One of the most interesting aspects personally, was seeing that many books which I judged were my Literary Agent’s books which have been published in the past year, which reinforces the sentiment that, I hope, I’m in good hands.

So, my job as a judge, was to come up with a shortlist of books, just three, which would be published by the Guild in the run up to the Awards. This was a very interesting challenge, which did concern me initially, but was in fact, remarkably simple. For me, there were a great many very good cookery books which where entered into the Awards. I found it hard to differentiate between them – they all had many differing strengths. But where the task was made easier, was the small number of truly exceptional books, which really stood out from the rest, and were clear contenders for the shortlist.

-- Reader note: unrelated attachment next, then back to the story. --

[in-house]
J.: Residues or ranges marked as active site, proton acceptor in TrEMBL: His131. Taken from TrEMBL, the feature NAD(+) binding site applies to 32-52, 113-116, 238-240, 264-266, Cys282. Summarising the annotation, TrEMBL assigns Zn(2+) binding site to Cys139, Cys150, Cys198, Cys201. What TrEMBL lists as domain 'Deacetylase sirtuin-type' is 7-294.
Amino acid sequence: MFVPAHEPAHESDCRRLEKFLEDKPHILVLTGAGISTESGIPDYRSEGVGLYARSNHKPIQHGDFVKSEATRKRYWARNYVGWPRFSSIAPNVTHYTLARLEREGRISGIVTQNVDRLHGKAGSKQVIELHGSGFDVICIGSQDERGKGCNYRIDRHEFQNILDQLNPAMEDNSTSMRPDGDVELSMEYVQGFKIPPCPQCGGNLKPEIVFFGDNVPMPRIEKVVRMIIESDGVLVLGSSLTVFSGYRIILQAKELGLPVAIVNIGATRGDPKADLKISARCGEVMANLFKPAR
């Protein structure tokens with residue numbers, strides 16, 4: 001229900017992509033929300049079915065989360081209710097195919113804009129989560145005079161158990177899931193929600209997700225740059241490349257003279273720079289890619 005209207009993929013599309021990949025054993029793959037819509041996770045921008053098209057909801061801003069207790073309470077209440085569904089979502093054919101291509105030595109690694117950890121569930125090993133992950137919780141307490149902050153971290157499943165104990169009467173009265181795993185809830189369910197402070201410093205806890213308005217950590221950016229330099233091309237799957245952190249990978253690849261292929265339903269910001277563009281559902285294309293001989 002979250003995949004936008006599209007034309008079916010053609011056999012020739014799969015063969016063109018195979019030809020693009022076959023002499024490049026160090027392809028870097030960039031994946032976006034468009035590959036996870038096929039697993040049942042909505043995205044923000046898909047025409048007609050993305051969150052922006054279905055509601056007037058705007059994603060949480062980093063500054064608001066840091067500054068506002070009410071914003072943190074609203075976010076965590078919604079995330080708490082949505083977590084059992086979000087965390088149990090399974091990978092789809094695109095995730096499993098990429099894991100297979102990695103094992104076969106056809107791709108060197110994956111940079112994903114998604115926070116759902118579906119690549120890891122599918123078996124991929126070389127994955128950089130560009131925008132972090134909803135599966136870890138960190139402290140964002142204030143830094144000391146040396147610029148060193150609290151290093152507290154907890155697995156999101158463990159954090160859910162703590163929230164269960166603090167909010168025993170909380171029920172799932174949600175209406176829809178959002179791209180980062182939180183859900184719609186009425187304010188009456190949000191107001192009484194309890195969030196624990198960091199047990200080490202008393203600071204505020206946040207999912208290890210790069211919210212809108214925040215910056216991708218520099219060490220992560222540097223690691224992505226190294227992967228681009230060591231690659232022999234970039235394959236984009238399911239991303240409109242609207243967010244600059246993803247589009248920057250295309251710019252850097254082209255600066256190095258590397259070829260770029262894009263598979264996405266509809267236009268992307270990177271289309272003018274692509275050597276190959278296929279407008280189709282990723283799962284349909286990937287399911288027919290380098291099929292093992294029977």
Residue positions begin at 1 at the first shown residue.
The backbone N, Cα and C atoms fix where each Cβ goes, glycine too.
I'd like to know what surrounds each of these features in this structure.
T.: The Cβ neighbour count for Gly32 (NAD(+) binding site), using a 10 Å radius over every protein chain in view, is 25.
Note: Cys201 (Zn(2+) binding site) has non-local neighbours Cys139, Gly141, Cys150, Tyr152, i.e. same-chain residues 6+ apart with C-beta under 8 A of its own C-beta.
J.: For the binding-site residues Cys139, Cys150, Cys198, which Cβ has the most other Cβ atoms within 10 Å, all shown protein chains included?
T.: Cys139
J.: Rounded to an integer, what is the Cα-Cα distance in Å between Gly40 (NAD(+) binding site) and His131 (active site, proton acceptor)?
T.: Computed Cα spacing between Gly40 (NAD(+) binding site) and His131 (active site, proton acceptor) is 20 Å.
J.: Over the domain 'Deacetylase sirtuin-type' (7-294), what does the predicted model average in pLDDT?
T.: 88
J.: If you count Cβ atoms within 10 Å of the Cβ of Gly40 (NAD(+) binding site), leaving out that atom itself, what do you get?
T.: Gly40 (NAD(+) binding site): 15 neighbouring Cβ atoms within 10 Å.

Another interesting aspect to the judging was that the judges did not discuss results until a shortlist had been reached. It concerned me a little to think that my choices could be a complete curveball to the judging process being such a newcomer (although a very well-read newcomer!). I was amazed to see however, that the judging panel’s choices were unanimous, which was an unexpected surprise!

Once the judging was out of the way, it was time to sit back and look forward to the Awards. I had a crazy schedule in the run-up and ended up coming back in from France from the Awards, so I arrived in a slightly jaded state after a fair number of hours travelling, wearing an ever-so-slightly crumpled dress, which I had managed to spill pineapple juice down the front of (don’t ask). I was thrilled to be able to take a guest, which naturally had to be my wonderful colleague, Jayne who helps me in so many ways.